Compounding the depreciation and stigmatization of inner cities, this institutionalized racism and classism incentivized suburban housing, commercial development, and infrastructure farther and farther from city centers. Accelerating all this destructive segregation was federal highway construction: it plowed through underprivileged neighborhoods, separating them from the success of privileged—largely white—residents.

De-Malling through Demography and Design

Malls have a particular story to tell. Today, their design limitations have turned them into white elephants on the urban landscape. Department stores’ reciprocal easement agreements, shared common-area maintenance costs, and a pizza pie of ownership slices have made these defects glaring.

It is past time to examine how distribution of malls—and other retail development such as grocery stores—has exacerbated inequity. Inner-ring suburban malls are among the most blighted. They mirror the segmented and uneven prosperity of their host cities, especially as immigrant and minority families have formed communities in the wake of departing white families. The resulting communities lack sufficient retail resources to fully serve the remaining residents.

By design, few of these centers were intended to serve constituencies other than relatively wealthy whites. Most of these malls lacked access to mass transit, limiting access for potential inner-city shoppers. And rarely did they have community services on site. They were designed predominantly by white men predominantly for white women to consume disposable goods with their disposable incomes.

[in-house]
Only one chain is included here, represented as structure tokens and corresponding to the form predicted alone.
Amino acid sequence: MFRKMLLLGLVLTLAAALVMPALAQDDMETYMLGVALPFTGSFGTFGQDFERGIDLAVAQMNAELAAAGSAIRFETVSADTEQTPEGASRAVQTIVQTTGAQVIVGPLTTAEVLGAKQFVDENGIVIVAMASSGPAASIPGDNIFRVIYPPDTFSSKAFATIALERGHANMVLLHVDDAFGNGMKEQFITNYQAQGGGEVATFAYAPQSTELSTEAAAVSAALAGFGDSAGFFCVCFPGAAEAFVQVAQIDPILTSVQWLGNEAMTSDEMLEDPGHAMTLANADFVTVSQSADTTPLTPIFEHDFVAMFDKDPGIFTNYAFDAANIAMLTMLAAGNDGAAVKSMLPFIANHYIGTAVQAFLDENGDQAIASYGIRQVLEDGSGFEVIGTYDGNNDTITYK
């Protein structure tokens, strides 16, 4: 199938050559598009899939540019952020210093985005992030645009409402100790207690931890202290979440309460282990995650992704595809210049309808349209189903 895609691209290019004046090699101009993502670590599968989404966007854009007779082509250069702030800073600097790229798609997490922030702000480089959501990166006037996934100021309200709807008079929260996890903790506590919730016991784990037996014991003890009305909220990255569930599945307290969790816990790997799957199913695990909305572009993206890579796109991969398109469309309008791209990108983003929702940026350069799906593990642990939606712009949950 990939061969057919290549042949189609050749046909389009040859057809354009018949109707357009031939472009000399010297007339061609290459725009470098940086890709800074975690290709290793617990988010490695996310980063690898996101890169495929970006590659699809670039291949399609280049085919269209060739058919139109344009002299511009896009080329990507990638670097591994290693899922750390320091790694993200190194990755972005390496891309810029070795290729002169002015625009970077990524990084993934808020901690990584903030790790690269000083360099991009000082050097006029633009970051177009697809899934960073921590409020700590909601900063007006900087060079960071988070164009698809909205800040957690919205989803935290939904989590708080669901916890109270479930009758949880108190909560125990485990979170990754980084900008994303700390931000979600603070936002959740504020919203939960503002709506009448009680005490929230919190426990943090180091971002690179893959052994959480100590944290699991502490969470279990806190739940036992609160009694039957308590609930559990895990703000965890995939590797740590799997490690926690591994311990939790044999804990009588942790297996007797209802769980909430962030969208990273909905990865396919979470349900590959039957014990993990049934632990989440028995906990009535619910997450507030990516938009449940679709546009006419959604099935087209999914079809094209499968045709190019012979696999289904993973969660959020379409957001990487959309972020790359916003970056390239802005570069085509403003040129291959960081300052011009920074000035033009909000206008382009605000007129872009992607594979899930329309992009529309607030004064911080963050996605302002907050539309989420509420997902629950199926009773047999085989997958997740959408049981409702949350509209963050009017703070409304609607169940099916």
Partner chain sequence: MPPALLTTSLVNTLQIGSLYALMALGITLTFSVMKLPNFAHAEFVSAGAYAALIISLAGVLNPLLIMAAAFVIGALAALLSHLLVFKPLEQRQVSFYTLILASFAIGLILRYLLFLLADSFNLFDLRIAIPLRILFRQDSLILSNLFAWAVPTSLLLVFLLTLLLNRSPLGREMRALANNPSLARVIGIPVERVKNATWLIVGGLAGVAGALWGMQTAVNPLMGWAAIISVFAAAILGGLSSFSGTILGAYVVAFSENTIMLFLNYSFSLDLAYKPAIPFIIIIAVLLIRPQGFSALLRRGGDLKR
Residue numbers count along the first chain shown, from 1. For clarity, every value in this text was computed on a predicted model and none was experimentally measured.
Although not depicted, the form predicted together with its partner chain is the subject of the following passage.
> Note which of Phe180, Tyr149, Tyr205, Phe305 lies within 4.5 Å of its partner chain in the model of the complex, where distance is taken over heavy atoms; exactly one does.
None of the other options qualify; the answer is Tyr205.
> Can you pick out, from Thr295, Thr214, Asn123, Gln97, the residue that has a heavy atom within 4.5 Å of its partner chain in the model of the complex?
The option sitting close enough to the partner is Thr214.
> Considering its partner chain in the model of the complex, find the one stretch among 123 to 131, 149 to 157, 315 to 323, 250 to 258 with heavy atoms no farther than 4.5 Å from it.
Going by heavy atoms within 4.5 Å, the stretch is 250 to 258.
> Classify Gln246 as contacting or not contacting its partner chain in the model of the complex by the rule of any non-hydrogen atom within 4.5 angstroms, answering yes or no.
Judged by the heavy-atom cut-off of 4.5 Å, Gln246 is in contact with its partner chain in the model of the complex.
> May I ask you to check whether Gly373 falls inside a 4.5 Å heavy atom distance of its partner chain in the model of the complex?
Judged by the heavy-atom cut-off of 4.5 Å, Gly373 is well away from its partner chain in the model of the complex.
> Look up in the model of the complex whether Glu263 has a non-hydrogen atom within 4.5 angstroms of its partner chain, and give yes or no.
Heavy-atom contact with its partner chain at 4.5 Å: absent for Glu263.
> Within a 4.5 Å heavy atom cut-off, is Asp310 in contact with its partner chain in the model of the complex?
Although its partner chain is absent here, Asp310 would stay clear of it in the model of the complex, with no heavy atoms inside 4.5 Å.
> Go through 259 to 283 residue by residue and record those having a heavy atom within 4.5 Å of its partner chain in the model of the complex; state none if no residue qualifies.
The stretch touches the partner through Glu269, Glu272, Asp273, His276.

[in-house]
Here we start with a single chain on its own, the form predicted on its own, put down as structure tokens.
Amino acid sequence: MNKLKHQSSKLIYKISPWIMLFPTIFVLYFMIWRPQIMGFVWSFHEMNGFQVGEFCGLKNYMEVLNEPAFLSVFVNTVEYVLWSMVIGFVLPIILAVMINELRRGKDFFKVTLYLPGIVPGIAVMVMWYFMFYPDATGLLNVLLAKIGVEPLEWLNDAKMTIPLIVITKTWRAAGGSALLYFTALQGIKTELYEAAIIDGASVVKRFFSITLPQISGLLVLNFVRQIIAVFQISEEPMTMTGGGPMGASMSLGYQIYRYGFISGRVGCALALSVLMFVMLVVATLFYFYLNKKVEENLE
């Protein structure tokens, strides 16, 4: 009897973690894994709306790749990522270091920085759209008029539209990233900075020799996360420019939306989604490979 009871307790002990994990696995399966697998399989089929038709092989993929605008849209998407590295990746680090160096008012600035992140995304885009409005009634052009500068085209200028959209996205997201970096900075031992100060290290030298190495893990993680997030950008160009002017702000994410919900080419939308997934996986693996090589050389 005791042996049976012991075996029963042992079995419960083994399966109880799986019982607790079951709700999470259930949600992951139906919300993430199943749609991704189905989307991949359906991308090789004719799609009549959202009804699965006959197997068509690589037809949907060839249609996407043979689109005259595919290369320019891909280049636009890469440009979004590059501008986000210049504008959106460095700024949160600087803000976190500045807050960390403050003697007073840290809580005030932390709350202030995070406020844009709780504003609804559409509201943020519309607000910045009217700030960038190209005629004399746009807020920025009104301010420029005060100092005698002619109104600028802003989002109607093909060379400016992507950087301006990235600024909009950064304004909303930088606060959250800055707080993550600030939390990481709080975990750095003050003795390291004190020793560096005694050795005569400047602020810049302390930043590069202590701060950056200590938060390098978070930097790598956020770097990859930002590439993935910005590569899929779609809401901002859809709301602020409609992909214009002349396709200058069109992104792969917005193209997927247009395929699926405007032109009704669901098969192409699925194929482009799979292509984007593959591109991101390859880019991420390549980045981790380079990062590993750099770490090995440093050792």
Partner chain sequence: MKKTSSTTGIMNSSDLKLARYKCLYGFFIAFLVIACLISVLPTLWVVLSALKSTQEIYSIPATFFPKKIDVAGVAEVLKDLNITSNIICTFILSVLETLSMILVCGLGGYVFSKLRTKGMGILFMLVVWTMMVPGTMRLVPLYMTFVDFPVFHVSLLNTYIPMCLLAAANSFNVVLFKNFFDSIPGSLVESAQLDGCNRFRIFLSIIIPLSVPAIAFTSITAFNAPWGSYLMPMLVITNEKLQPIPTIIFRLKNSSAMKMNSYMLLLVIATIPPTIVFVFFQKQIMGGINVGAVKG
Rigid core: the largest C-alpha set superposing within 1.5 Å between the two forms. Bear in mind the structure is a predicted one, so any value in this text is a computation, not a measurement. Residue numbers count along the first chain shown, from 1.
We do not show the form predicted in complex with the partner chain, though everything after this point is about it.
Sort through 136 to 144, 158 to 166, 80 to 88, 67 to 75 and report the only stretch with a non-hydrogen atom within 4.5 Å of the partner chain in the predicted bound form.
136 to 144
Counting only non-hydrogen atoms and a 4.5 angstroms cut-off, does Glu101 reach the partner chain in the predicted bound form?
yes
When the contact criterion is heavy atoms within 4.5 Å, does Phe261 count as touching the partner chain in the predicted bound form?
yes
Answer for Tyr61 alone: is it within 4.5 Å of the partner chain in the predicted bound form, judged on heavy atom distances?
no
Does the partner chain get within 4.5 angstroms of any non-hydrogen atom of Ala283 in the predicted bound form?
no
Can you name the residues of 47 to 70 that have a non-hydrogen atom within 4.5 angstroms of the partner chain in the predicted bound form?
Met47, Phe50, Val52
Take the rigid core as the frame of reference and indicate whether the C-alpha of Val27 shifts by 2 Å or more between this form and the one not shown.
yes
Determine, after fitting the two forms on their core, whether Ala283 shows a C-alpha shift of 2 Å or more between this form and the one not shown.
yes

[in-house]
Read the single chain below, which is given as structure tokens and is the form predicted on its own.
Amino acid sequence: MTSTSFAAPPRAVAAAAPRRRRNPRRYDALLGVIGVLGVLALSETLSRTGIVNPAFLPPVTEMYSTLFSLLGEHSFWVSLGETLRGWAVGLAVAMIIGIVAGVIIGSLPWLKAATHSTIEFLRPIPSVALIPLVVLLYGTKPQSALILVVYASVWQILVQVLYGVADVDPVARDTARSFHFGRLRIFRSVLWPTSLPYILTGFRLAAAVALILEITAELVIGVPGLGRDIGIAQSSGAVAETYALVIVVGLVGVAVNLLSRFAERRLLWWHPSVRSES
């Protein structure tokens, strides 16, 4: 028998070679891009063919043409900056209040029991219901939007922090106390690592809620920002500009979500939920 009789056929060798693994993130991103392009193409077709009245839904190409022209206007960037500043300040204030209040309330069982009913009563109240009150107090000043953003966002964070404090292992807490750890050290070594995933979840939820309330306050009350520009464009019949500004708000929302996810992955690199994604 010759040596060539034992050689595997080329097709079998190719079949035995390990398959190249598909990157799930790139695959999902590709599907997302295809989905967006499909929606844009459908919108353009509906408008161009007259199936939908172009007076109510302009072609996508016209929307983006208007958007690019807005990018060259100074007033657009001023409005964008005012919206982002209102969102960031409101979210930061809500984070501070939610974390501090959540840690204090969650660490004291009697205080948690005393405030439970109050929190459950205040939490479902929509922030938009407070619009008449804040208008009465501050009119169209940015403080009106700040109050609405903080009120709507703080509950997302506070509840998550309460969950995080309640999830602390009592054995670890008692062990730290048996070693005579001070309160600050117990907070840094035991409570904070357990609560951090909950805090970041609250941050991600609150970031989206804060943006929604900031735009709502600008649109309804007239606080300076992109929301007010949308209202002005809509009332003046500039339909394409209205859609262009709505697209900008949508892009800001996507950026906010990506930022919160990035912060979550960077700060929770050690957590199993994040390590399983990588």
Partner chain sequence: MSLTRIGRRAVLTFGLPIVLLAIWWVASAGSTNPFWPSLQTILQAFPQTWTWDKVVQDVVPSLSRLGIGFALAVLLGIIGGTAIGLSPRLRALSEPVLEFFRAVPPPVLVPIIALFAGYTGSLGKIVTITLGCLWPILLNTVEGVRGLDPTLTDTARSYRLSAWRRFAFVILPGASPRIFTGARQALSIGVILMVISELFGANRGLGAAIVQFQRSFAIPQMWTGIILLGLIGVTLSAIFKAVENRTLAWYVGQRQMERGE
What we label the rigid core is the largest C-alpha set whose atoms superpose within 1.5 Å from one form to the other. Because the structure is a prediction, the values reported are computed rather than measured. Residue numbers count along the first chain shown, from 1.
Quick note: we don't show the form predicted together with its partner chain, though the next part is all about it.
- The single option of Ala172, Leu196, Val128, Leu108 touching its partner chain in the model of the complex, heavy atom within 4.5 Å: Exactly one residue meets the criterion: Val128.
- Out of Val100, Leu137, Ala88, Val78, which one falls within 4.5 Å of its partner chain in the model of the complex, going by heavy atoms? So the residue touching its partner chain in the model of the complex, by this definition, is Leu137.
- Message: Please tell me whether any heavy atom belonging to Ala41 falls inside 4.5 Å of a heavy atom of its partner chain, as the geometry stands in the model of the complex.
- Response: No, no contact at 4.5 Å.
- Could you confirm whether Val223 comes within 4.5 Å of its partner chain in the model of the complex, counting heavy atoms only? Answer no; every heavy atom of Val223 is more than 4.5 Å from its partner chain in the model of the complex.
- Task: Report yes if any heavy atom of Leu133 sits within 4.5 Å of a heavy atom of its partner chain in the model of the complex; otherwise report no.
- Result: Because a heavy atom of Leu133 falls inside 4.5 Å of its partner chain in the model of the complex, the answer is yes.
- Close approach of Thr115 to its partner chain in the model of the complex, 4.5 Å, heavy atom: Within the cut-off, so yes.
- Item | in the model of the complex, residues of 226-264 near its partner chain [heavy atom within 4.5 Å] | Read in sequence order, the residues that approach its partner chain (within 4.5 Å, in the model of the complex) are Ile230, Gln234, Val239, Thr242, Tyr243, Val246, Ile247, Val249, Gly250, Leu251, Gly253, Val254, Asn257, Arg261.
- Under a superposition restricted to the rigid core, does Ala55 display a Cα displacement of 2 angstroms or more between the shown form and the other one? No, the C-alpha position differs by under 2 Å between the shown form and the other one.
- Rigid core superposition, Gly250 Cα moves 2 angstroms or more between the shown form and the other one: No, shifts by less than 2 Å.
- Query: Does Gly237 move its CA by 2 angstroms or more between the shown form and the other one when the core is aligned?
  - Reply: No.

Following white flight, these malls suffered from this lack of mass transit and insufficient community amenities—a state that has persisted since the 1960s. These factors and others, including the rise of e-commerce and the COVID-19 pandemic, led to the fall of malls.

And yet, for the multicultural communities inheriting these developments in their neighborhoods, there is an upside to this decline.

Serendipitously, inner-ring suburban malls have helped shape some of America’s most racially and economically diverse neighborhoods. These mall neighborhoods, once redeveloped, hold the promise of homeownership, small-business generation, decent public education, and easy access to infrastructure. They may represent the greatest opportunity for integrated, diverse, and equitable communities since the failure of “40 acres and a mule”—the aborted promise of land distribution to emancipated slaves—more than 150 years ago.

Many faltering malls have aggressive plans to densify by adding badly needed housing stock. Where once seas of parking were connected by a ring road independent of municipal thoroughfares, now mall after mall is divided into rectangular blocks or wedges of so-called five-over-two housing stock—five levels of wood-framed housing over concrete podiums. BelMar in inner-ring suburban Denver, Alderwood in suburban Seattle, and Cumberland Mall just inside Atlanta’s perimeter freeway are examples of such housing redevelopment.